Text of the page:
Screen Shot 2016-07-30 at 3.44.40 PM.png

“When they go low, we go high.”

It is human instinct to want ‘hope’ to triumph over the ‘evil,’ or more accurately described as ‘negative emotions.’ Obama used this human nature effectively to depict the Democrats as those who are resilient against hardships, while effectively depicting the attacks from the Republican Party as the “hateful language…from public figures on TV.” She didn’t stop here, however; she went on to appeal for restoration of morality on a national scale by saying that such hatred “does not represent the true spirit of this country.” Thus, Obama completed her picture, portraying the Democrats as those who are resilient, moral and hopeful (i.e. the ‘heroes’ of the Hollywood movies) while portraying the Republicans as those who are “cruel” and “acts like a bully.” (i.e. the ‘villains’ of the Hollywood movies.) This way, without even once mentioning Trump’s name, Michelle Obama crafted a political election campaign into a traditional battle between the ‘good and evil.’

I am by no means a complete partisan for either Democratic Party or for Republican Party. However, it is difficult to ignore how some speakers are undeniably eloquent and more elegant in their portrayal of themselves. We need to remind ourselves that politics, albeit however difficult, must be kept as a place not where emotion prevails but where intellect and rational decisions dominate.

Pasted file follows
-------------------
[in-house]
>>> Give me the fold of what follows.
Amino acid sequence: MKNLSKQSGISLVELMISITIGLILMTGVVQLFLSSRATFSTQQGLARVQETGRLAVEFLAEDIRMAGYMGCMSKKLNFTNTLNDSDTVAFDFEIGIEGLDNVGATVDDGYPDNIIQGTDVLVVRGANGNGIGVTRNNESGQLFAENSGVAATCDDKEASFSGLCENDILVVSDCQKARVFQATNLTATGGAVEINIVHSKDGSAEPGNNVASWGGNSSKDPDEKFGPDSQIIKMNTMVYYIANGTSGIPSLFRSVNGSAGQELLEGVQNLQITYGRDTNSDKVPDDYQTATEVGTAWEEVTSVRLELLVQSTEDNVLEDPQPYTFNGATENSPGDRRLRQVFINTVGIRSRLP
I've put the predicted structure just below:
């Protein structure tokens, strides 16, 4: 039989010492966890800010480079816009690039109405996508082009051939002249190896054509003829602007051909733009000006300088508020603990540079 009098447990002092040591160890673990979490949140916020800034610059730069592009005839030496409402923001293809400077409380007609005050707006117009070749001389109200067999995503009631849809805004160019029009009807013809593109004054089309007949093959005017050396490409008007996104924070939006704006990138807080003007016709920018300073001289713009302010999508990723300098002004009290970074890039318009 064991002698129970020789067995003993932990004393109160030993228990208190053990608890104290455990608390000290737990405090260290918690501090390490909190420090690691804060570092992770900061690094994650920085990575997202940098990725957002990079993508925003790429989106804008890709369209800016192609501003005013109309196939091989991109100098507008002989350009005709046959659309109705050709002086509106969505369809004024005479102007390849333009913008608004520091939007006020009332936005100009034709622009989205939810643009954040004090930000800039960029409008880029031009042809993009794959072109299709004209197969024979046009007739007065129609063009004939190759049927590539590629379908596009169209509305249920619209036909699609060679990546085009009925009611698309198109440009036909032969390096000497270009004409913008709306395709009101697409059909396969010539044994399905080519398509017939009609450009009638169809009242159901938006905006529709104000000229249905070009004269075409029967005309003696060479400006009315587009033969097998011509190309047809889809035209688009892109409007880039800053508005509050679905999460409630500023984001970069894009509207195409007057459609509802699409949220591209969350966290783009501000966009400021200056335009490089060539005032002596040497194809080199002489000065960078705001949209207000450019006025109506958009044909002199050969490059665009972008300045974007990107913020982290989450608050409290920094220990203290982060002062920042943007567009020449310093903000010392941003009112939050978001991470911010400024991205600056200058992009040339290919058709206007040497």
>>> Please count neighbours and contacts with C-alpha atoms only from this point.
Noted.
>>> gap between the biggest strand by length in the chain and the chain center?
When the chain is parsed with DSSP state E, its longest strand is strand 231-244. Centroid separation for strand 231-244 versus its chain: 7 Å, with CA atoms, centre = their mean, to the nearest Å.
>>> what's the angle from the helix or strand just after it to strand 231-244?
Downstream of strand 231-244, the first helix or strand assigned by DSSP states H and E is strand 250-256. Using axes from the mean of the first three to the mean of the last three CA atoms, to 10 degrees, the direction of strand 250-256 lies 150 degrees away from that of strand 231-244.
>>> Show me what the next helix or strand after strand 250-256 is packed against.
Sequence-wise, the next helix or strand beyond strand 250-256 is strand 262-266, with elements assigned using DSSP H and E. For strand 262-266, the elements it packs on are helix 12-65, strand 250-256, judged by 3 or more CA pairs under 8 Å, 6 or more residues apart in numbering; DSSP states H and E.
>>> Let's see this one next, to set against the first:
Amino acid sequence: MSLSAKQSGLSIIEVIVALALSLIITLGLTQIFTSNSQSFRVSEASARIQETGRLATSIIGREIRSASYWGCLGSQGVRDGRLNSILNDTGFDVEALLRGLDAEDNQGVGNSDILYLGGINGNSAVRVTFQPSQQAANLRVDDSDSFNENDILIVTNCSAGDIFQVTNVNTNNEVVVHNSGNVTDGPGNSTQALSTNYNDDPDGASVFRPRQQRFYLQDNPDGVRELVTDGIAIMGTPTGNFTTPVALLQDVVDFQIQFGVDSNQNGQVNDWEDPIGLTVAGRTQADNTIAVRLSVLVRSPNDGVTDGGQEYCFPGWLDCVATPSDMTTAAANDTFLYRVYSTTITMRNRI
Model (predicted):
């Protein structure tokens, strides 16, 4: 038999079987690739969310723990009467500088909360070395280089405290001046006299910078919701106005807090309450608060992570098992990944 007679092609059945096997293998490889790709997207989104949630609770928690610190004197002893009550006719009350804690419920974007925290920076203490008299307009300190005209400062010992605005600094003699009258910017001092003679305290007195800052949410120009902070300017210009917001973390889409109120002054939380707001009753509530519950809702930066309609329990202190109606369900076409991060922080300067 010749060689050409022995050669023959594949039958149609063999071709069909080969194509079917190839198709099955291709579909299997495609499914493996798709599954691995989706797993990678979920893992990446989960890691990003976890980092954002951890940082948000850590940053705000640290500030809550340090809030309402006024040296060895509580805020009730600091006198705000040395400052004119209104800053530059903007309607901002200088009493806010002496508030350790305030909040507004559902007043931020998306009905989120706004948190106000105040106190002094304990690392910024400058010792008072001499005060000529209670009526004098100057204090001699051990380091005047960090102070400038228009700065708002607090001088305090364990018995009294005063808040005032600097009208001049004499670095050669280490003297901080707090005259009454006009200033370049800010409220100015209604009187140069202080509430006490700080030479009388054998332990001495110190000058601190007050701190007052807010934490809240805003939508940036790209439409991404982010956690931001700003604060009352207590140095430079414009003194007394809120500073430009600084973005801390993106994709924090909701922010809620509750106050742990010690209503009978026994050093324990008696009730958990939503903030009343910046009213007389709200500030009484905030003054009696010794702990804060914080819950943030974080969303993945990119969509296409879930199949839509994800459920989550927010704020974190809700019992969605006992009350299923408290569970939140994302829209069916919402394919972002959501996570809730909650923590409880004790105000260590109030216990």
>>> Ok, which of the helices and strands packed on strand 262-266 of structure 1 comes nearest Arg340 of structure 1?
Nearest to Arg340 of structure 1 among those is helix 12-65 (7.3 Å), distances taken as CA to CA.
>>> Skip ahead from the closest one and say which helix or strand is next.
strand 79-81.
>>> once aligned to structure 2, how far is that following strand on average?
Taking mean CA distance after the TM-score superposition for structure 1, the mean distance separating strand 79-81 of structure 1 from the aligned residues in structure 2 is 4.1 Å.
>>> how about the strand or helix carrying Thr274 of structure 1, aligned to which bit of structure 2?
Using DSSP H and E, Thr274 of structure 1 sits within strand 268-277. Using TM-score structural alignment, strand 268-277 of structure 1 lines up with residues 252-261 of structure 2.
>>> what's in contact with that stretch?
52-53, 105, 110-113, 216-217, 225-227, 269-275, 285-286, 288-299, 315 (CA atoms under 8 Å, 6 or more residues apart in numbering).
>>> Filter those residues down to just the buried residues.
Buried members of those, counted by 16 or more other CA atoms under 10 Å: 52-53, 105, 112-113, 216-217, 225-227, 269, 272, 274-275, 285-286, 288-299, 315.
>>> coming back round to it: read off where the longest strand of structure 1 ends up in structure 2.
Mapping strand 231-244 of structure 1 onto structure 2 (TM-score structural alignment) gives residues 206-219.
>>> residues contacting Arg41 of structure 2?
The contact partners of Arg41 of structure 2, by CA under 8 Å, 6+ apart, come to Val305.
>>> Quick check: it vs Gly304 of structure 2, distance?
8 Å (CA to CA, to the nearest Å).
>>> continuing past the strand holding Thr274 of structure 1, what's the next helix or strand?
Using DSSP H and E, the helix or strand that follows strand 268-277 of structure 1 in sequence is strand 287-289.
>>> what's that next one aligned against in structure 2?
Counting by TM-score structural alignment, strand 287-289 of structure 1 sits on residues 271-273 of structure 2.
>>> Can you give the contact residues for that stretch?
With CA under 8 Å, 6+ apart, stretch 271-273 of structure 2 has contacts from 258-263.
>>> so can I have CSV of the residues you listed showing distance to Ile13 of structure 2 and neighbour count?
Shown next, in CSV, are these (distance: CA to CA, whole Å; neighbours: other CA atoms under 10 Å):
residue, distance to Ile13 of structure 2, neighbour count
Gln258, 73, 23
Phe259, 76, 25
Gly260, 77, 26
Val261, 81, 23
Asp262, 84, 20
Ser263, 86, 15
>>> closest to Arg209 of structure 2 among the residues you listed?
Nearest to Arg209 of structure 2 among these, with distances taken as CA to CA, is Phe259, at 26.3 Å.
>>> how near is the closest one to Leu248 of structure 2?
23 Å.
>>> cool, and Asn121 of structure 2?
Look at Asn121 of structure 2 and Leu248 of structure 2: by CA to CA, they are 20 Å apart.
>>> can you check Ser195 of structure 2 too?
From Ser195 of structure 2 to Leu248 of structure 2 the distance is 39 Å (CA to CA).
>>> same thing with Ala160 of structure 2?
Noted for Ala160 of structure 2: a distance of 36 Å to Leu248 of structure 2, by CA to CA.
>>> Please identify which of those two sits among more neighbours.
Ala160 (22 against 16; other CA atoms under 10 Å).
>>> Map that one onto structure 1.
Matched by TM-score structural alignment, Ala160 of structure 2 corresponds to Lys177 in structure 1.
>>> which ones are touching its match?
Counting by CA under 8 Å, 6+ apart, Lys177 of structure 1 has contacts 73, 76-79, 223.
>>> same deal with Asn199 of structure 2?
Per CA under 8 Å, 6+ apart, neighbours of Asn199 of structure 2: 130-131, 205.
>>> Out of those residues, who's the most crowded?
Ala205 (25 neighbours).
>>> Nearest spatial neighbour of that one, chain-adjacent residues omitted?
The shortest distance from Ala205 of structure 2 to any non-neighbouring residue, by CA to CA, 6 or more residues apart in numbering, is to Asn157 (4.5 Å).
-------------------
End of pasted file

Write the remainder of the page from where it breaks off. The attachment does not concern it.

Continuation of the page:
[1] NBC’s Brokaw “It was about as pitch-perfect an endorsement as you can get,” Fox News’ Juan Williams “The framing of the speech in terms of her children was so pitch-perfect.”

*Transcript of Michelle Obama’s 2016 Democratic National Convention speech provided by

**Photo credit: Getty Images

Populism in a Nutshell: US Primary Elections

Now, don’t get me wrong- I’m not suggesting that all candidates in US primary elections 2016 are demagogues trying to drive America to its doom. However, it is quite hard to ignore that populism has indeed made a comeback to US politics. But before we go on further, let’s define first what populism actually is.


Defining Populism

Over the course of history, there have been countless numbers of examples of populist movement, ranging from those crying for reforms to create a more egalitarian society to authoritarian politicians trying to use popular support as a medium to consolidate their own power. So it’s actually quite difficult to define populism exactly since its connotations can differ dramatically depending on the context. In a democratic sense, it is a movement that “seeks to defend the interest and maximize the power of ordinary citizens through reform.” (Britannica, 2013) [1] However, when tinted with an authoritarian colour, it is a movement that “revolves around a charismatic leader who appeals to and claims to embody the will of the people in order to consolidate his own power.” (Britannica, 2013) Simply put, it can either be defined as an effort to represent the will of the common people or a clever way to incite the public to support a demagogue.